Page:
Use proper protection methodsThere is a comprehensive list of protection methods available today, depending on the systems you use. However, here are some of the most common universal ones.
- Use reputable antivirus software. Many modern antivirus software applications include protection for malware, ransomware, and protection against malicious websites.
- Consider an ad blocker for your browser. This will block ads that are commonly used to trick you into clicking on a link that can infect your computer.
- Configure your web browser to automatically clear the cache or do it manually regularly. Clearing the cache protects you from bad actors who may use your cache to gather your browsing habits and use the data against you.
- Use spam and email filters. A good email filtering system can help to catch phishing or infected emails before they get to you. This reduces the chances you may be tricked into clicking a bad link or accidentally responding to a fake email. Both of these actions can cause your computer to become infected or sharing information with the wrong person.
- With so many systems being used as part of our daily lives, select a reputable password manager to help you securely store your passwords. This will allow you to use a unique complex password for each account or system.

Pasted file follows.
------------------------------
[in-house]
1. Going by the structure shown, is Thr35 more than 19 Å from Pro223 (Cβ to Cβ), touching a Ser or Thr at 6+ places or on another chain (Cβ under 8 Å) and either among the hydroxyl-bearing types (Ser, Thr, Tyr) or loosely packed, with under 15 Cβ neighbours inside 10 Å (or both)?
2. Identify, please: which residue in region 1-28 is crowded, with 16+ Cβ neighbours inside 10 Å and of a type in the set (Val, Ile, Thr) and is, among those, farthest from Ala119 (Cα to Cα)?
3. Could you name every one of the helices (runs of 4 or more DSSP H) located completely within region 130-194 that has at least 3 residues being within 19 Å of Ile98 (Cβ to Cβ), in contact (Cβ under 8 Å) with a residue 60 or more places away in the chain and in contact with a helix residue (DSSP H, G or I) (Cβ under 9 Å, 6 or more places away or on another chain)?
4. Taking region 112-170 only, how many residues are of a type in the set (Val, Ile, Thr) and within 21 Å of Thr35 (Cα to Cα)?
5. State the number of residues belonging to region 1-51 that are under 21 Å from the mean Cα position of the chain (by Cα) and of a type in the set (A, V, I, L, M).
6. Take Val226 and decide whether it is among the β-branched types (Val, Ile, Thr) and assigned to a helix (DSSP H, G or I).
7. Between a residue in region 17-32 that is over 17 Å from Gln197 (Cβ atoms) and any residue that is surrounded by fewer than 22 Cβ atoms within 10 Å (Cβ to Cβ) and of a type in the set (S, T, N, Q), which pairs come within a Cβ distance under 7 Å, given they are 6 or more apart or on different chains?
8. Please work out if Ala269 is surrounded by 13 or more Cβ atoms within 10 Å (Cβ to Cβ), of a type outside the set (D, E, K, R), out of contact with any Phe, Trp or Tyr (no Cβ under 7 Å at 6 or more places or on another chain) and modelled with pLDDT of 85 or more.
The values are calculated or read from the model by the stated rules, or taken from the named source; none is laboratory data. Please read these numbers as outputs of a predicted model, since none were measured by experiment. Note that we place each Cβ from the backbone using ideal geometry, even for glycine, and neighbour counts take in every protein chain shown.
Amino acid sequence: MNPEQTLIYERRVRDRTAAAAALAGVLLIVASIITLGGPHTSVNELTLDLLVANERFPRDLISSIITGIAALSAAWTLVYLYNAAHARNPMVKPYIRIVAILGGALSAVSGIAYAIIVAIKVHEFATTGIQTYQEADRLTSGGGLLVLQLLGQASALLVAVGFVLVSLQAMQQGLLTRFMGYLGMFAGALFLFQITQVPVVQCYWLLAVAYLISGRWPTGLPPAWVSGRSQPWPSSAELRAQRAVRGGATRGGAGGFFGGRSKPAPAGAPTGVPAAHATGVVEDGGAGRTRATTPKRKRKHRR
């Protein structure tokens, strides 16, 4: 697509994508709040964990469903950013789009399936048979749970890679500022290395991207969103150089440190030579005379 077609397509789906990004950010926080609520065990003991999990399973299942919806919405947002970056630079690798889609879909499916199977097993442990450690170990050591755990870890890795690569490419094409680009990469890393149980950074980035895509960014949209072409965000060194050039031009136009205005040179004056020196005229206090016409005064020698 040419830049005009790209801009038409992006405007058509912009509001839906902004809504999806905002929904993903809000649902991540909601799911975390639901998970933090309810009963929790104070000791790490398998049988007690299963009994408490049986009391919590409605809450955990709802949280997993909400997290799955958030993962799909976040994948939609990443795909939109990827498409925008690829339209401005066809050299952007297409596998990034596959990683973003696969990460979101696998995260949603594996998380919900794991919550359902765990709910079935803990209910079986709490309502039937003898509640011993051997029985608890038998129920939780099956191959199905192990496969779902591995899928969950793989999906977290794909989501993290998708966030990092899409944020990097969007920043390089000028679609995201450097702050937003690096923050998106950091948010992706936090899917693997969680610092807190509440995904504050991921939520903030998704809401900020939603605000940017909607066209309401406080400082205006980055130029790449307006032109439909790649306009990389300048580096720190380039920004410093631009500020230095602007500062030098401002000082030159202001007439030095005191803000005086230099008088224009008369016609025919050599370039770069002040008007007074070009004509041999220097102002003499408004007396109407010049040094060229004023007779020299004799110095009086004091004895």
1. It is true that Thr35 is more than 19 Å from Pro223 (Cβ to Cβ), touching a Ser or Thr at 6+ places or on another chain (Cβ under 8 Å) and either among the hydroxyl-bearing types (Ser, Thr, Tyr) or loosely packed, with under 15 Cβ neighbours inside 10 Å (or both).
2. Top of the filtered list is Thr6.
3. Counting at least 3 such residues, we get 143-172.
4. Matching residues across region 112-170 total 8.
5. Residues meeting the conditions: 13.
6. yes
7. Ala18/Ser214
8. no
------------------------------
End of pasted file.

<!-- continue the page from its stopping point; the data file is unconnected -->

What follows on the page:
- Keep your operating system updated and patched. Even a Mac computer has vulnerabilities.
- Keep your applications patched and updated as well. Also, be sure to remove any applications you no longer use to avoid them exposing you to vulnerabilities.
- Whether or not children use your computers, be sure to use a DNS filter. DNS filtering allows you to block specific unwanted categories of web browsing and protects you from visiting websites with known infections.
Cybersecurity is a serious issue facing our churches, schools, and ministries around the globe. Adventist Risk Management, Inc. (ARM) is dedicating this year’s Safety Sabbath to help ministries be better protected against attacks. With your church’s registration to participate, you will receive free resources to help your church identify potential risks and what to do to mitigate them.
ARM has worked with leading experts in the cybersecurity field to develop the resources available for Safety Sabbath. Register today to help protect your ministry.
Image Credits: iStock/Marco_Piunti